After settling into a shantytown in Los Angeles, a wandering construction worker (wrestler “Rowdy” Roddy Piper) stumbles onto this insidious hierarchy and tries to convince his work mate (Keith David) of what is going on. Working with a limited budget and decent effects, Carpenter’s sharp satire sends up everything from consumerism to traditional notions of American life. It was a perfect statement to make during the Reagan eighties when the American Dream was dangled like a golden carrot in front of the masses while rich people pulled the strings. (Oh wait, that hasn’t changed.) One of the most memorable sequences in the film involves Piper literally pummeling David in an alley brawl to make him wear the glasses and see the truth, which resonates in our world of social media vitriol and political discord. If you really like They Live, Shout! Factory’s Blu-ray is loaded with great bonus features.
STRANGER THINGS 3 (2019)
It’s time for another season of Stranger Things, and once again the sinister realm of the Upside Down threatens to turn the small town of Hawkins, Indiana into a supernatural disaster area. While our protagonists, children and adults alike, seem calm after Eleven (Millie Bobbie Brown) closed the gate to that other dimension, the sinister Mind Flayer has managed to grab a hold onto our realm again. Over the course of this season, it attempts to secretly convert citizens of Hawkins into pawns through the conduit of teen troublemaker Billy (Dacre Montgomery). Further, a paranoid political subplot involving Russians secretly working in America is tossed into the mix, making things even more over-the-top than ever before. These two major plots are quickly interlinked, and this time out many of our characters are divided into different groups a la The Empire Strikes Back.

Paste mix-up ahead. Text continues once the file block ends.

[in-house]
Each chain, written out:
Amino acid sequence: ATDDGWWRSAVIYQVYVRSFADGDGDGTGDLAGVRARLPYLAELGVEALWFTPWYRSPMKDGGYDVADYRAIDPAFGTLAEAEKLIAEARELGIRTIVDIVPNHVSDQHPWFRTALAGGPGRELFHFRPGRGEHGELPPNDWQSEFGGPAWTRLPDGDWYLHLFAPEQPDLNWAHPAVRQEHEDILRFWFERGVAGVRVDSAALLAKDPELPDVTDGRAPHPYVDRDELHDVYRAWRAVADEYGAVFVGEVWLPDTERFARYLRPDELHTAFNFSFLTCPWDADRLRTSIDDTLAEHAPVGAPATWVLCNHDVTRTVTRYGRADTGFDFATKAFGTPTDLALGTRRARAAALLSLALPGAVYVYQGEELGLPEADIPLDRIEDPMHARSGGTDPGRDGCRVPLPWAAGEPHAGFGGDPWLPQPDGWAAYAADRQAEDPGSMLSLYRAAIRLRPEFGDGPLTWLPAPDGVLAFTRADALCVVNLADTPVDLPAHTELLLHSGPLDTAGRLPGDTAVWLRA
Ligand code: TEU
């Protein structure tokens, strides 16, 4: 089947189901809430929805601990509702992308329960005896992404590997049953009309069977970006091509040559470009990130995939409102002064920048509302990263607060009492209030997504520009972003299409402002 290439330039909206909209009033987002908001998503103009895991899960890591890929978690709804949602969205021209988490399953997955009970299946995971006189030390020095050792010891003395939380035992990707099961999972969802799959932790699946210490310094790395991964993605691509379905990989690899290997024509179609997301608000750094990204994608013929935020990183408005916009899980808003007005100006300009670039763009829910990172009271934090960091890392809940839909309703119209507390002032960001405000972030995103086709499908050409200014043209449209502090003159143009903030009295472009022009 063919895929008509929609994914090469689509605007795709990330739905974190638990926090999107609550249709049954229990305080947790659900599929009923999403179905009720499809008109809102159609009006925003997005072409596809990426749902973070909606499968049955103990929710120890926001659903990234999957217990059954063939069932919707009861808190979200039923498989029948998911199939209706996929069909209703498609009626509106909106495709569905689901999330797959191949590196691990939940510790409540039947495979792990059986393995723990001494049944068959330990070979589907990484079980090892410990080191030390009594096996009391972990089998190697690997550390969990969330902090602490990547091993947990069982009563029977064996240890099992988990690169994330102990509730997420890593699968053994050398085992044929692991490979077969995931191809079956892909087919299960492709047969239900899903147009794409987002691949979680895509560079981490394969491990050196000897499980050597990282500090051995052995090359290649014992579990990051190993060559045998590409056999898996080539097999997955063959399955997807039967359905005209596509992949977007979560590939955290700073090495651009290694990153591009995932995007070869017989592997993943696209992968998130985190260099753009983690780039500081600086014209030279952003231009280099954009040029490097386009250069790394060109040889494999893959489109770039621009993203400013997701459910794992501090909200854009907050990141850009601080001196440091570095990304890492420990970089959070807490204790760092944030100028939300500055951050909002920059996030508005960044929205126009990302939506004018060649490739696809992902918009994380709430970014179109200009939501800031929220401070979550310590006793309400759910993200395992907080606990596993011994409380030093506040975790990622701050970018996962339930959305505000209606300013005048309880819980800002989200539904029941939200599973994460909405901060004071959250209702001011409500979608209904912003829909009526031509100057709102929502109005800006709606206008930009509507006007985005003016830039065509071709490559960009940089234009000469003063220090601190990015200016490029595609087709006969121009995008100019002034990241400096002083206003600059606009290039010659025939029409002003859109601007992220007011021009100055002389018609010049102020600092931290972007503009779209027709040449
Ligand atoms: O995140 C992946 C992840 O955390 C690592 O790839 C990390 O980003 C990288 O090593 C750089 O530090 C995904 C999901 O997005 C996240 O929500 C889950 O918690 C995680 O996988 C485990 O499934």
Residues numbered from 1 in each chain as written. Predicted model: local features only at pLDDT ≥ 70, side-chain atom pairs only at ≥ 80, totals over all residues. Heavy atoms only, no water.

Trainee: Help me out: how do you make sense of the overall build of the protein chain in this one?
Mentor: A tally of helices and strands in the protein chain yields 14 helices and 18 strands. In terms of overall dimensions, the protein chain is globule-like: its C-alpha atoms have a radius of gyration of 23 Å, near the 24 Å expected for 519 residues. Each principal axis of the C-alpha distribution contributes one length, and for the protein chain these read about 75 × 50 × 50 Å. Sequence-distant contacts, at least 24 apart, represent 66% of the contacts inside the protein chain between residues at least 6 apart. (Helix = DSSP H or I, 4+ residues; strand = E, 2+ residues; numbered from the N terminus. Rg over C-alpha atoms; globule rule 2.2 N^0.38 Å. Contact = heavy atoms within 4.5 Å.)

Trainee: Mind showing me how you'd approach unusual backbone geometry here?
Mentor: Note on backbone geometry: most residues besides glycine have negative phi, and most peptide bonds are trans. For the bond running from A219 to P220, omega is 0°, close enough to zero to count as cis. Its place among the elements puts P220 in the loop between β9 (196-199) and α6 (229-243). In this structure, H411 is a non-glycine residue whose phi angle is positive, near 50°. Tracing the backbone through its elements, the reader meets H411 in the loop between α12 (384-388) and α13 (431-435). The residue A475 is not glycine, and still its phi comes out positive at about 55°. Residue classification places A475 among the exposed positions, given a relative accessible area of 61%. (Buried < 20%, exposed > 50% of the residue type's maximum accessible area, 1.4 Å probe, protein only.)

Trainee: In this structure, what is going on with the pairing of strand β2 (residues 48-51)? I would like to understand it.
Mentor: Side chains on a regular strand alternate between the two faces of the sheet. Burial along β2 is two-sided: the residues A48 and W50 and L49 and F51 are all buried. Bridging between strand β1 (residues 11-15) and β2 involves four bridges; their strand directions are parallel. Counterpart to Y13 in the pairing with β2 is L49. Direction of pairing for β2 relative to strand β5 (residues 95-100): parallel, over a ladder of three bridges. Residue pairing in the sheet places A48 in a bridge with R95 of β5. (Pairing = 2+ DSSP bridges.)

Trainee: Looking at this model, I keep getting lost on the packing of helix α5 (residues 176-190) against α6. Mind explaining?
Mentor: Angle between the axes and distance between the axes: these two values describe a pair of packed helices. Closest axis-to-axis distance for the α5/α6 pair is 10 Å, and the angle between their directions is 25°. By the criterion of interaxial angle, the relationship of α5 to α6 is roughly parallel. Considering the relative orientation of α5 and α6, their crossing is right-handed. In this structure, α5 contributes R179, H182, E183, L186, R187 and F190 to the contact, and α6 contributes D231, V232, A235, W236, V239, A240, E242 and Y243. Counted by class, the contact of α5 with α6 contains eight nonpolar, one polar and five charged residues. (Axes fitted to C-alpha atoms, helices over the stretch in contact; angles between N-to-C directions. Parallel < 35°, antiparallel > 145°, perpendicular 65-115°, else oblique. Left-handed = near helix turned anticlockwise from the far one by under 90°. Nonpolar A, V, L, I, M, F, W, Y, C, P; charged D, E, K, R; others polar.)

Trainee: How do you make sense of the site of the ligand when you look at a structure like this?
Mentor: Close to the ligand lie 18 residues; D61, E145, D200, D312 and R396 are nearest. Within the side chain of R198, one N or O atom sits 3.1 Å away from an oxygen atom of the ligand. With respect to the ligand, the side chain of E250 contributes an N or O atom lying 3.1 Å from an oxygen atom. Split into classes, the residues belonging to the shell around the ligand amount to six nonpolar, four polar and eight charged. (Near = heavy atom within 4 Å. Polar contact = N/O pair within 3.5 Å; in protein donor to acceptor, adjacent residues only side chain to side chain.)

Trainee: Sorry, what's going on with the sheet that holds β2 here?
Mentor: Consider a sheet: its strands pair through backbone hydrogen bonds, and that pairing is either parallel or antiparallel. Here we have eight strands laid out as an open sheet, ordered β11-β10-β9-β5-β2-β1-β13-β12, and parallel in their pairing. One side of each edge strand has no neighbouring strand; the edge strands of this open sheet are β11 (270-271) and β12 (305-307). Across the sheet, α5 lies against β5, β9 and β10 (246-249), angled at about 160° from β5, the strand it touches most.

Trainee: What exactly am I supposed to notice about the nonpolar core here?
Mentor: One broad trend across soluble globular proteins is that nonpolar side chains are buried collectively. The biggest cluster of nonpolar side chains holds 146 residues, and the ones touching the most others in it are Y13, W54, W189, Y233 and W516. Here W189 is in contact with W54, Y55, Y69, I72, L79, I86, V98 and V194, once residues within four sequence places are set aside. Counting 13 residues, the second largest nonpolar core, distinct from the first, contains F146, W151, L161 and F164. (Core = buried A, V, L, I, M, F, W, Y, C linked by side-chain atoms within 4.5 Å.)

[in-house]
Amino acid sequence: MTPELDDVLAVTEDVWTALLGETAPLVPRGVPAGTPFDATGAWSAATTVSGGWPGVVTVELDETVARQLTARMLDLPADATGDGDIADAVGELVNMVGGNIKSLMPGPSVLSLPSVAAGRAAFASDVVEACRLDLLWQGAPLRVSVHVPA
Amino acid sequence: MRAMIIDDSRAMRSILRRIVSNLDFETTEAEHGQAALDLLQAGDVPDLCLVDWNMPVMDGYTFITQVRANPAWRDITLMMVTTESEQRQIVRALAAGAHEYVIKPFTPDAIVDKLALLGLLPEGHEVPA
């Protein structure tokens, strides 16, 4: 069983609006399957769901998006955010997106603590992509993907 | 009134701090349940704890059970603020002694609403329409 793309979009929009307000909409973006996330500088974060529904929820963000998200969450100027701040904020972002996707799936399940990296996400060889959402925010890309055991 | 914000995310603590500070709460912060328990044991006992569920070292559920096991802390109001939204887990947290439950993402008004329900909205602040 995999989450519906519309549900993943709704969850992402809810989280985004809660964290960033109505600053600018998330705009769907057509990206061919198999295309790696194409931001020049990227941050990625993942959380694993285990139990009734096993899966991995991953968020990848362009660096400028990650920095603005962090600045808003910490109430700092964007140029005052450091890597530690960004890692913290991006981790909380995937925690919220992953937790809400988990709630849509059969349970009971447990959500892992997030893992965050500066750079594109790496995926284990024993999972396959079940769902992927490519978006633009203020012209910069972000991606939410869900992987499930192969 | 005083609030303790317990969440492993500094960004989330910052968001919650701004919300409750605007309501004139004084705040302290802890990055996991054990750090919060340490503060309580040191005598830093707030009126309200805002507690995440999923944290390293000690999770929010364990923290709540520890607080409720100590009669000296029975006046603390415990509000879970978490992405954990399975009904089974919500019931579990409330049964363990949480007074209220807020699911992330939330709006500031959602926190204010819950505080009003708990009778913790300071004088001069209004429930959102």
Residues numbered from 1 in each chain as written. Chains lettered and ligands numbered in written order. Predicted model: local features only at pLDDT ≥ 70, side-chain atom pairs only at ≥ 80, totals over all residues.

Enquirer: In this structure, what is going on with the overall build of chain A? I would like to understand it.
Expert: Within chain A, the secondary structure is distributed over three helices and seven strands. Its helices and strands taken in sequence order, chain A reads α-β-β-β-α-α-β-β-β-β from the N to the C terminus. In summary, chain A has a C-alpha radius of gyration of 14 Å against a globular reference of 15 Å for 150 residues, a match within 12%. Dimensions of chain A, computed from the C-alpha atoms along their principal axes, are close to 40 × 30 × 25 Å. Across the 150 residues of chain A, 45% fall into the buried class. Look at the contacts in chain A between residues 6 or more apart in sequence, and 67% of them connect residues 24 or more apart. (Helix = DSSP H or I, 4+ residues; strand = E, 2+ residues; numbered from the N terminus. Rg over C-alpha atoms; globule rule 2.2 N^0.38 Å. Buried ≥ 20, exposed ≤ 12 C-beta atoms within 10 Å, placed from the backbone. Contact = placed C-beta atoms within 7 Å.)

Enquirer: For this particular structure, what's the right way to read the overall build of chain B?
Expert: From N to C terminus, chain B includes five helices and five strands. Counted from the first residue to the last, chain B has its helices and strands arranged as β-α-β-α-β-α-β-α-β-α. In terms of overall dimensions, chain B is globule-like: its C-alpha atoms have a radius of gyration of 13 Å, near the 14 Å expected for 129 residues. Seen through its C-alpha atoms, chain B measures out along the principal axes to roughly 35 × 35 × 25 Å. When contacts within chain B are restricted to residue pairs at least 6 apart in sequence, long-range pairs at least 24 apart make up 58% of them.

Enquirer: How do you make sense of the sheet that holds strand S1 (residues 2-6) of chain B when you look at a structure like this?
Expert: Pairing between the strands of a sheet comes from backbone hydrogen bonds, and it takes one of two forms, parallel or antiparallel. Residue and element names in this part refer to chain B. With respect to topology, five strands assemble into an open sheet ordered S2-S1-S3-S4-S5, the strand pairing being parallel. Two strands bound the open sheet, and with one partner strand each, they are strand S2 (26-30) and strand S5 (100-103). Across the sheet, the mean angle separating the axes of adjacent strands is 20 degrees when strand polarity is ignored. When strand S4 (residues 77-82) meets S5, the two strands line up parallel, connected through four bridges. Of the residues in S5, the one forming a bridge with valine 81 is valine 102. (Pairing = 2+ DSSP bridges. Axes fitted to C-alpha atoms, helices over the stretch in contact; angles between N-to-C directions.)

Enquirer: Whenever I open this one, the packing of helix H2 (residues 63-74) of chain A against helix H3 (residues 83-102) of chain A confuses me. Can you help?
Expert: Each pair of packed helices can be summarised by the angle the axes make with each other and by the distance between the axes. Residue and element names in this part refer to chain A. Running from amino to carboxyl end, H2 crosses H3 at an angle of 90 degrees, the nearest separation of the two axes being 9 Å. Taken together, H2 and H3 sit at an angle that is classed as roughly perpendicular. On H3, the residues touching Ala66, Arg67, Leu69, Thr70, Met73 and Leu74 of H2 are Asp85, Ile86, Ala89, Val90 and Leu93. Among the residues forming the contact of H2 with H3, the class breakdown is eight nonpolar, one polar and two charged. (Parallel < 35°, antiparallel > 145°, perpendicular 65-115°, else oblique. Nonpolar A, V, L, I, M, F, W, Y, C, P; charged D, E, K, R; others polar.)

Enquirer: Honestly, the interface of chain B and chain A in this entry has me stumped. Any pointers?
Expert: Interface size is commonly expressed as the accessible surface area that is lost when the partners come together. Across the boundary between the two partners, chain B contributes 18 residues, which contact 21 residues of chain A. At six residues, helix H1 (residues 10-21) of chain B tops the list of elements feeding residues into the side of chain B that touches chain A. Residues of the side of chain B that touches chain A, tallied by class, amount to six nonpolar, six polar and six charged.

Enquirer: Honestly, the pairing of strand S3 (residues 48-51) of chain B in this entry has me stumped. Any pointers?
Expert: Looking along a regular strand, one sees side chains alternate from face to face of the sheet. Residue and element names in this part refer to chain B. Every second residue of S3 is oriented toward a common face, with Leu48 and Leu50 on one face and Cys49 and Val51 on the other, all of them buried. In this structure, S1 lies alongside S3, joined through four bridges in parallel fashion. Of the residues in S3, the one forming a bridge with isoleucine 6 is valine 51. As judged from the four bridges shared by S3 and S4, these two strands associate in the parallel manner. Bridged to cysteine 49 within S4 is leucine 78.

What keeps the Duffer Brothers’ show from going off the rails this time are the intimate character moments, many involving the growing pains of being a teenager, interspersed amongst the crazy fantasy and sci-fi elements that help to define this retro eighties delight. There are a couple of characters that prove grating, including an overly spunky but smart kid named Erica (Priah Ferguson), along with a more edgy Chief Hopper (David Harbour) whose paternal instincts often become overbearing. There are also times that Joyce (Winona Ryder) is insufferable as well. Luckily, Cary Elwes enlivens things as the town’s sleazy mayor, the smaller character moments work really well, and the conclusion to the season is the most emotional finale of the entire series. The transitions that many of the characters go through come to a climax in the 67-minute final episode that does not leave everyone unscathed. While this is my least favorite season of the three, its combination of eighties mall nostalgia, character development, and teary finale make it enjoyable fare. There is no other show like it.
SPIDER-MAN: INTO THE SPIDER-VERSE (2018)